Back inside, Yeom explains that looking at the world through a child’s eyes means that everything can become darkness or light, or put more figuratively, that everything in the world has an equal chance of being right or wrong.
It’s his way to illustrate that a child’s perspective, without prejudice and arrogance – the two things he names as the biggest pitfalls against learning – is what he needs to adopt, because prejudice and arrogance have made the prince’s eyes clouded in darkness.
He asks pointedly how a leader expects to guide a nation with eyes that cannot see in the dark, and suggests the first thing the prince needs to do is adjust his attitude towards learning.
Prince Hwon fumes and stands up, calling out for his aide. But just as you think he’s about to have Yeom ousted by his coattails, he asks for a table to be set, so he can sit with his new teacher and have a discussion. Aw.
Yeom looks up in shock and quickly bows to accept the prince’s offer, and outside the King chuckles, “At last he has met his first true teacher.” Yay! Minister Yoon is not so pleased.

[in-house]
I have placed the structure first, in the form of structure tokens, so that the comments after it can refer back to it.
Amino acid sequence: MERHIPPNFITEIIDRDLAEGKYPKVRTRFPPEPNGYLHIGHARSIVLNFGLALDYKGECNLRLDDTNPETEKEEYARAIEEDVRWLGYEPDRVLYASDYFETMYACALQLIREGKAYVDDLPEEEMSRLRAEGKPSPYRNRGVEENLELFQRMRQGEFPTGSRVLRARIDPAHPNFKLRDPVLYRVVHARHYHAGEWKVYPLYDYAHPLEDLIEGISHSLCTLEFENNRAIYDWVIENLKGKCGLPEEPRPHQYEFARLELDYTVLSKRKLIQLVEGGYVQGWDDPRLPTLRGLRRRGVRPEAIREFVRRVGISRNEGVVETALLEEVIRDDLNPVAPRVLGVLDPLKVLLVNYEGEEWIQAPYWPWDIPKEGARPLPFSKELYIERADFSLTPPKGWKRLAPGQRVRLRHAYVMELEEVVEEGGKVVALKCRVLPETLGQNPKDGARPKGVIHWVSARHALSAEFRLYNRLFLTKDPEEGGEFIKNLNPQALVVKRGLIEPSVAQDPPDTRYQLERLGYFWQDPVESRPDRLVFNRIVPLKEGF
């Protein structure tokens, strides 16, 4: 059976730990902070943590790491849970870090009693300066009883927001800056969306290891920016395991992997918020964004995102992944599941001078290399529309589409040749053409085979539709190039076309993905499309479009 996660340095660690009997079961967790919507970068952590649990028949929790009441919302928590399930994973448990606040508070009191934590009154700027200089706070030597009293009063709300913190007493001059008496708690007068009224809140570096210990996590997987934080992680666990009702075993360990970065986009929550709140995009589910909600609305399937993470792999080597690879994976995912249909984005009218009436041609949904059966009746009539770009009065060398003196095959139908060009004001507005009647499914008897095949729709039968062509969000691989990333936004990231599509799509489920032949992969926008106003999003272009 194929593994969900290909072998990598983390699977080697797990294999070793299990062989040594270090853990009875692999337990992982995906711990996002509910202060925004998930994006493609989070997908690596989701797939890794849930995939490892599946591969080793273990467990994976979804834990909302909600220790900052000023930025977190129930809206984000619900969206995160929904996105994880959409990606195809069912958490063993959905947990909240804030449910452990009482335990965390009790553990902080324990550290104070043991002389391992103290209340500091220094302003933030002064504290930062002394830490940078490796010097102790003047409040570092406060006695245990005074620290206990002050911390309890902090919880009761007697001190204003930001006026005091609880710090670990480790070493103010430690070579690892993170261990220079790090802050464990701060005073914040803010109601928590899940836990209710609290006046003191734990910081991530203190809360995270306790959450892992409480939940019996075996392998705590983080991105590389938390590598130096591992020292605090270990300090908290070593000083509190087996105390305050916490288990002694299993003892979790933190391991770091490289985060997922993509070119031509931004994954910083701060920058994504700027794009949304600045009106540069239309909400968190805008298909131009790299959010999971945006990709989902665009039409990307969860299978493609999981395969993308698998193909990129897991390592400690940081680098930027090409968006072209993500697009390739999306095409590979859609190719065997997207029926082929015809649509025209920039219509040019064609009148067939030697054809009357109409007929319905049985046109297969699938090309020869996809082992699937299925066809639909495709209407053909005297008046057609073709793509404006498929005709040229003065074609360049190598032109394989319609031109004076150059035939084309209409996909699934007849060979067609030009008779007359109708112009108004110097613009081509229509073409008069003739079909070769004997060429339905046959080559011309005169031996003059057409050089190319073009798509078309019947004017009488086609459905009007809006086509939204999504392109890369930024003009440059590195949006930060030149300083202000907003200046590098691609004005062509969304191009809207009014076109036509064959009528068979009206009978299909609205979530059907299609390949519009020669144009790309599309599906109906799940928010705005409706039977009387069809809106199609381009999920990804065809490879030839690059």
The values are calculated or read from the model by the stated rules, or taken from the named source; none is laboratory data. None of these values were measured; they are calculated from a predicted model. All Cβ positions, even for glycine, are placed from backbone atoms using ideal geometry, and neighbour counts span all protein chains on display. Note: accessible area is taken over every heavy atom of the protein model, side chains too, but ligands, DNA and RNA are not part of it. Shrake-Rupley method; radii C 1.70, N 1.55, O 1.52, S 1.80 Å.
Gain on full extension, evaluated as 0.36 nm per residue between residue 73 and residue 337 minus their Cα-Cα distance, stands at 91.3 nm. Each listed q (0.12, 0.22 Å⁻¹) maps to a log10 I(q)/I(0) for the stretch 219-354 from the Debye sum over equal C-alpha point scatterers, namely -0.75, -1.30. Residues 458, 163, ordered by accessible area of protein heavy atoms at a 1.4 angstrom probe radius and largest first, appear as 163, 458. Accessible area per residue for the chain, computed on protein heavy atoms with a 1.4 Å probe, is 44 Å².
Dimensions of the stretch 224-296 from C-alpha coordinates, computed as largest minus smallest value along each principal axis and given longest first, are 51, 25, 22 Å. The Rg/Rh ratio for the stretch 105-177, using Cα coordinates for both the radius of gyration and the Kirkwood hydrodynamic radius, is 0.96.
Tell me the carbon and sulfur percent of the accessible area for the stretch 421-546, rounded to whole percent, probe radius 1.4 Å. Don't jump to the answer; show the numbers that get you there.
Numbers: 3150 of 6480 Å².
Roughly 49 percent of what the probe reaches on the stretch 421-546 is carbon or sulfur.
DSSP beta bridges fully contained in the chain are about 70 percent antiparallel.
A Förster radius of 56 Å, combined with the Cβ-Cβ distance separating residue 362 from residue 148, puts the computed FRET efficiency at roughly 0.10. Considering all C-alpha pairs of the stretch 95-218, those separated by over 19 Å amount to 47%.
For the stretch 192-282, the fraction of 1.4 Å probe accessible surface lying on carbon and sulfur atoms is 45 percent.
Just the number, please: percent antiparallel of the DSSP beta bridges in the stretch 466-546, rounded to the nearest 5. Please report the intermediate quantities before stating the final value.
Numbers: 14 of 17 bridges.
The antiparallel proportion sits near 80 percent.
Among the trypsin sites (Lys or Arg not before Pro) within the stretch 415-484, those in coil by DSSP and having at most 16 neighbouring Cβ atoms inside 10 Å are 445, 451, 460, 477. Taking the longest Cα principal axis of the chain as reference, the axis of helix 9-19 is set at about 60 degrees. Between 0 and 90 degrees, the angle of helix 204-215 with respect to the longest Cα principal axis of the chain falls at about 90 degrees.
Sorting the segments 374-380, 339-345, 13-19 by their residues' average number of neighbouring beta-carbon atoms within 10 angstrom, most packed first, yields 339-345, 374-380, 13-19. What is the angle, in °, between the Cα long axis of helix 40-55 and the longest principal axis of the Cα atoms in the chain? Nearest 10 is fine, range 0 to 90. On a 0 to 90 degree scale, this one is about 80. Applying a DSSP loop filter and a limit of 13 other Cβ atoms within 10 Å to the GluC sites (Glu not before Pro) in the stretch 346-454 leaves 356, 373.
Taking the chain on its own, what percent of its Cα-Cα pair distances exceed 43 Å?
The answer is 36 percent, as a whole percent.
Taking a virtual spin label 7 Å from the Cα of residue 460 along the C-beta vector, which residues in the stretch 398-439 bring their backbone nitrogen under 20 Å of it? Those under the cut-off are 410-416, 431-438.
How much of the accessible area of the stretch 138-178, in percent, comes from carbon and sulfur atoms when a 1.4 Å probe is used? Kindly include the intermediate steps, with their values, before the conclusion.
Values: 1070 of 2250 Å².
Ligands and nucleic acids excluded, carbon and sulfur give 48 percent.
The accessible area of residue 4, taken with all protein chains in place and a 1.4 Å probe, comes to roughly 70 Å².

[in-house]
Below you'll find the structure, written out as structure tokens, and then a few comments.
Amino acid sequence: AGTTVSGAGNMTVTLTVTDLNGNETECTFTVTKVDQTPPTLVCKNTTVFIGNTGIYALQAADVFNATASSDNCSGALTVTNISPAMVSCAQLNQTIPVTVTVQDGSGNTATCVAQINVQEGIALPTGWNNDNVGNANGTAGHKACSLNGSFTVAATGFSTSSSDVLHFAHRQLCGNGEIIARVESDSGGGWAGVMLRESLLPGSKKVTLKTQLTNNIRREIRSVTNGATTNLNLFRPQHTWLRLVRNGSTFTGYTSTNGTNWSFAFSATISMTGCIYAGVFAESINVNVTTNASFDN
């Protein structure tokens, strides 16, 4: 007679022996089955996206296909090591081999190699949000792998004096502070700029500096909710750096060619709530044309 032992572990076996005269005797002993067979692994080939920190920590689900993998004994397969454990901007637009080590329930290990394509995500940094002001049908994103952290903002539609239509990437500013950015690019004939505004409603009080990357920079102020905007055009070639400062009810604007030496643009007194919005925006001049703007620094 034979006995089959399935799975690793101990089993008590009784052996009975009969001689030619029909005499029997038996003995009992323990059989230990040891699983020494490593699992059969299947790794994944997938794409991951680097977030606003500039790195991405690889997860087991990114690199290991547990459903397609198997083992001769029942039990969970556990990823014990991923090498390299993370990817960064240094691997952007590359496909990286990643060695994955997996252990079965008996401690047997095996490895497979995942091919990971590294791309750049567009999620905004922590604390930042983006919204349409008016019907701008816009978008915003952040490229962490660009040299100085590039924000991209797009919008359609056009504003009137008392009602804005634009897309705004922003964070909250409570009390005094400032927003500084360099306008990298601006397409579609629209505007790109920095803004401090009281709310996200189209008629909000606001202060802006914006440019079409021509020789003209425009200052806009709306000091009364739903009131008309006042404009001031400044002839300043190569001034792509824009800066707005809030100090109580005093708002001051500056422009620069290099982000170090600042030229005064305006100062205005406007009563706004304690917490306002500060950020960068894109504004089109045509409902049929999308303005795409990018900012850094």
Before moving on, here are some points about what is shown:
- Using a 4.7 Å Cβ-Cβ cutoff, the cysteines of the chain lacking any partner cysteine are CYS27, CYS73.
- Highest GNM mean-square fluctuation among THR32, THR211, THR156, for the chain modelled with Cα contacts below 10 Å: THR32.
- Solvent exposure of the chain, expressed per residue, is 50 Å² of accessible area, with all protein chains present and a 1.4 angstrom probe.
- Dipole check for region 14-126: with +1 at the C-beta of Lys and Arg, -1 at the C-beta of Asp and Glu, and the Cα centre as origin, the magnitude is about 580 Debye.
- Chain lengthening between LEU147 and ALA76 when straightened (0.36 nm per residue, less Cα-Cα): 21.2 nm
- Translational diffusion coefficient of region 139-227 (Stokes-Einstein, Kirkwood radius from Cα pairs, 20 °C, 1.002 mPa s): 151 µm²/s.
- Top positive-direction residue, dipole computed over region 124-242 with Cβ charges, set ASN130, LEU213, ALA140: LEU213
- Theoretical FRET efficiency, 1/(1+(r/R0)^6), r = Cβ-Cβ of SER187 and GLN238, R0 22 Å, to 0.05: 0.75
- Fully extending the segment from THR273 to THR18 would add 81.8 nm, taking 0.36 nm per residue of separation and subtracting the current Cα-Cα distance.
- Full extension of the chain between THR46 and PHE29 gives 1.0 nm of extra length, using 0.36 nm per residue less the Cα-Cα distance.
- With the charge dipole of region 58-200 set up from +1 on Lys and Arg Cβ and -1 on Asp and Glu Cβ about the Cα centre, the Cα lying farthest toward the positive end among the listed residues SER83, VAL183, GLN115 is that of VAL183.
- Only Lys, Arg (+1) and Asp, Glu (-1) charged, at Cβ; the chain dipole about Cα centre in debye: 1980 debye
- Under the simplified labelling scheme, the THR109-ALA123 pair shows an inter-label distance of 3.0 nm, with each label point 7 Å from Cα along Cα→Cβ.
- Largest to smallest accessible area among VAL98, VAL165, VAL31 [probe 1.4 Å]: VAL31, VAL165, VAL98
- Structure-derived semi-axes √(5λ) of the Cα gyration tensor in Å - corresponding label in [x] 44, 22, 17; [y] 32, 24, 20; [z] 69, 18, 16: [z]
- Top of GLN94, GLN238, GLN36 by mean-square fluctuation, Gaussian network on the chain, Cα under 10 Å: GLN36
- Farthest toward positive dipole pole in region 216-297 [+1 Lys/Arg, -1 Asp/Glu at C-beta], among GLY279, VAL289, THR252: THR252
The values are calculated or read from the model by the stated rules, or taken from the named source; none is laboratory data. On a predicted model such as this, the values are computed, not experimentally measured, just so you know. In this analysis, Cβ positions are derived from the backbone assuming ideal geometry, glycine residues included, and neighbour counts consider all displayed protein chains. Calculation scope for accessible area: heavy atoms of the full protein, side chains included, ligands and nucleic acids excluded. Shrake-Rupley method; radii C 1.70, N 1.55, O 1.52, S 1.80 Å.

Princess Min-hwa hears about the prince’s lesson, and laughs hysterically at her haughty brother being brought down a peg or two, and runs out to see the face of the person who managed to do so. She catches a glimpse of Yeom as he walks out, and she’s so struck by him that she turns to hide her face.
Over tea and sweets, Prince Hwon asks Yeom if he was really prepared to give up the teaching position if he had gotten the riddle right, and wonders how he got the idea in the first place.
Yeom confesses that it was his little sister’s idea, that she told him he could probably teach the prince to get high marks noncommittally, or he could risk more to change his attitude and set it right from the beginning. She told him that the prince is a very clear person with definite ideas, and that Yeom’s sincerity would get through to him.